> "A sudden power loss is a common cause for a system to fail to recognize an SSD. In most cases, your SSD can be returned to normal operating condition by completing a power cycle, a process that will take approximately one hour.
We recommend you perform this procedure on a desktop computer because it allows you to only connect the SATA power connection, which improves the odds of the power cycle being successful. However, a USB enclosure with an external power source will also work. Apple and Windows desktop users follow the same steps.
1. Once you have the drive connected and sitting idle, simply power on the computer and wait for 20 minutes. We recommend that you don't use the computer during this process.
2. Power the computer down and disconnect the drive from the power connector for 30 seconds.
3. Reconnect the drive, and repeat steps 1 and 2 one more time.
4. Reconnect the drive normally, and boot the computer to your operating system.
(Edit: wow, somehow I missed the line you had about that in your post. My apologies.)
The real problem with drives is their firmware has to garbage collect. So, yes, you can push a drive into a corner where it can't escape. Not to name names, but I've had this happen in my company's testing of different drives. That also means there are peculiar results, such as needing to restart the drive, or let it sit for an hour, and seem much better.
Our experience with MLC ( managing and observing many customers' Flash deployments ) has been very positive, and when using major manufacturers' drives works very well.
Perhaps the link should be changed to either https://www.usenix.org/conference/fast16/technical-sessions/... , or to the paper itself: http://0b4af6cdc2f0c5998459-c0245c5c937c5dedcca3f1764ecc9b2f... (linked from the first link).
I use SSDs in all my builds, servers and workstations. My most used are Samsung 850 EVOs and PROs, follow by the Intel 750 and Samsung 950 PRO.
Out of bout 80 or so that I've put into production over the past few years I've had about 3 850 EVOs go bad on me, just completely lock up the machine they are connected to, can't even run diag. I make sure to use the PRO series in critical environments, and EVO for budget.
From the paper: "The drives in our study are custom designed high performance
solid state drives, which are based on commodity
flash chips, but use a custom PCIe interface, firmware
These aren't drives that you can just go out and buy, so brands and model numbers would be meaningless to anyone outside of Google.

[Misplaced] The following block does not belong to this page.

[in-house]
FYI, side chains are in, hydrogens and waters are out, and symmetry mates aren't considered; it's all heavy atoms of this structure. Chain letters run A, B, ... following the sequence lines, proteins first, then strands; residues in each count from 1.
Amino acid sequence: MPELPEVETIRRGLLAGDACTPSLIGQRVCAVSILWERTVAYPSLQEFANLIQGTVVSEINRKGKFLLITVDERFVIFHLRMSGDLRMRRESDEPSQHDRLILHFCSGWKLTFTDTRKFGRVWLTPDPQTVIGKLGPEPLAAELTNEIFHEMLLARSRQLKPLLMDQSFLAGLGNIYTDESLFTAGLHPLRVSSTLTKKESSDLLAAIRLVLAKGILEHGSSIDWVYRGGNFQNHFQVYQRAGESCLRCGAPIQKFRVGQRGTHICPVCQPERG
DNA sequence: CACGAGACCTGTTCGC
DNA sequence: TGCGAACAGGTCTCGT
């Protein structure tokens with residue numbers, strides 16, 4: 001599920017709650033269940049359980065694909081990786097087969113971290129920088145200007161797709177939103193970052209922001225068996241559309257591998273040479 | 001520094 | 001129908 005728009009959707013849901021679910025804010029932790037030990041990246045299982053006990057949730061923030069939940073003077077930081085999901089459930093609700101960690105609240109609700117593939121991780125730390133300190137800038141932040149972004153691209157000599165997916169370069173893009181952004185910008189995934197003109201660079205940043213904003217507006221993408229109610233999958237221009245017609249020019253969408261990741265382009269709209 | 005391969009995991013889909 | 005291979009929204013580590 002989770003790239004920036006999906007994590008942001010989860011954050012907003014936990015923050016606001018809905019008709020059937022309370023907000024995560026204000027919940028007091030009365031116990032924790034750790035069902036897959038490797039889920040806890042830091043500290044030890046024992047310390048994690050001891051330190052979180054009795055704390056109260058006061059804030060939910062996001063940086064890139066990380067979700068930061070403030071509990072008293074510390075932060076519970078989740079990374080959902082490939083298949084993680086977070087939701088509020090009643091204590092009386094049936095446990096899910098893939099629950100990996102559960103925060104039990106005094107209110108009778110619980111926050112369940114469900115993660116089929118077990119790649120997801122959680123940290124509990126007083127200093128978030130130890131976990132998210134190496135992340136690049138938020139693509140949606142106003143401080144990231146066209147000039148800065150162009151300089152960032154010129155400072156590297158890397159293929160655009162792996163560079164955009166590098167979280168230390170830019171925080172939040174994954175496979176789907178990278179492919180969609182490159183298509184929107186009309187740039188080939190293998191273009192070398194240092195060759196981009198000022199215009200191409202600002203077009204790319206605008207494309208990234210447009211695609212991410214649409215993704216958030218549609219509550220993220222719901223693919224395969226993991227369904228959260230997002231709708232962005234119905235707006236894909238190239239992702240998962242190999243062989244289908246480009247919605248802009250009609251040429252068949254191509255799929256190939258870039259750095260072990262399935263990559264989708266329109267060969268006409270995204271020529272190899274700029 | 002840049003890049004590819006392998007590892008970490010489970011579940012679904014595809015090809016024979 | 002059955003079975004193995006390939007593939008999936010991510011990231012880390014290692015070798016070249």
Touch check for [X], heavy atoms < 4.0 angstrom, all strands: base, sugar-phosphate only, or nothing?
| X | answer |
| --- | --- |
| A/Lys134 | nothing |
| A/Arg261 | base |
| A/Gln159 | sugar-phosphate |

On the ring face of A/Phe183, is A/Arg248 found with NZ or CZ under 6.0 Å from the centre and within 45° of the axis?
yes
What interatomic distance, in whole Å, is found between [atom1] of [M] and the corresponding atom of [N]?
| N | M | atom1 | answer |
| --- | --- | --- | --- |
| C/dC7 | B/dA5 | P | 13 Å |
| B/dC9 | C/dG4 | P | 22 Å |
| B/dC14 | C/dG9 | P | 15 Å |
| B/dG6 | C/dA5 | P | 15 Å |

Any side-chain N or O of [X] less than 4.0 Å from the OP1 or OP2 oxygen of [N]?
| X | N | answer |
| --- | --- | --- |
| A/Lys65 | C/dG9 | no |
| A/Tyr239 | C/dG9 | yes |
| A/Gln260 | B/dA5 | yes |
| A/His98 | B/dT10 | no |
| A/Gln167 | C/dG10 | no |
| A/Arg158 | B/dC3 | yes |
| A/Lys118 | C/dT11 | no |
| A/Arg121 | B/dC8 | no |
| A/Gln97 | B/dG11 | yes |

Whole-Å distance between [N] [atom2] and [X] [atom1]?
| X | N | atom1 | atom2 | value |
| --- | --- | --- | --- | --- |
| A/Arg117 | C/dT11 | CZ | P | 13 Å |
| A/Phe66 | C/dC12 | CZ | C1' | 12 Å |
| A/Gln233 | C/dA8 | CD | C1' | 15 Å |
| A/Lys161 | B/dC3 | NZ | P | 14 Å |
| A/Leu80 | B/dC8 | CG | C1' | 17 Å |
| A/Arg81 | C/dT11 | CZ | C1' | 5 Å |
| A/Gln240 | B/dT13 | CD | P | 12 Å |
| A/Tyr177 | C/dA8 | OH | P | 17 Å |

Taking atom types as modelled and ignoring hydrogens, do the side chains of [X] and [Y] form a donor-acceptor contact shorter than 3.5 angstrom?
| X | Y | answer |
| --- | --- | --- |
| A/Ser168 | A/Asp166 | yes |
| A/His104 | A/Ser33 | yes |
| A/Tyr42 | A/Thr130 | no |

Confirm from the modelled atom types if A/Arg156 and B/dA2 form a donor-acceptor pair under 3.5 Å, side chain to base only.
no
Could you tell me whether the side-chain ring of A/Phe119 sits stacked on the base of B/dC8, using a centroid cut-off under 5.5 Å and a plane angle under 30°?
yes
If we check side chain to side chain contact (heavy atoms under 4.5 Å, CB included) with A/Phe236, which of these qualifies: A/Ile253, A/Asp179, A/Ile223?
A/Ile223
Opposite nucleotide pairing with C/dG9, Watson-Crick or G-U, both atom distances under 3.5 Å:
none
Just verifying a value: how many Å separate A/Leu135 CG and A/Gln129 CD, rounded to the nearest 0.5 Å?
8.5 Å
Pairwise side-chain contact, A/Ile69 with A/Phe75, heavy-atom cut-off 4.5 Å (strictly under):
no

Link to the paper: http://0b4af6cdc2f0c5998459-c0245c5c937c5dedcca3f1764ecc9b2f...
That's worrying. It should at least stay a proper PCI-E citizen, not lock up the computer. And it should always provide the SMART data, even if the SSD is dead otherwise. And even if writing isn't possible anymore (safely, due to many bad bits), it should lock-down to read-only.
Needless to say I didn't buy OCZ again, but I'm not sure if this is a general problem with SSDs or just Sandforce controllers.
I wouldn't trust then even with temporary data, no matter what performance they can push.
Interestingly, when this happenned to me, with some "ADATA" SSDs they would still negotiate a link speed, so their PHYs did get initialized. But Linux didn't get any further information from the disks, device type, name capacity... So maybe their firmware crashed halfway through initializing the SSD.
Most things I encounter in personal use are either CPU or GPU bound. There is nothing worse than having an application crawl to a halt when it is not even using a fraction of your system resources. Single threaded and 32 bit only applications are the bane of my existence.
Edit: yep, right in the paper: "The drives in our study are custom designed high performance solid state drives, which are based on commodity flash chips, but use a custom PCIe interface, firmware and driver."
The most surprising thing to me was the correlation between age and RBER.
I would not have guessed that normal aging would play a significant role in reliability. It would be fun to understand what is happening there.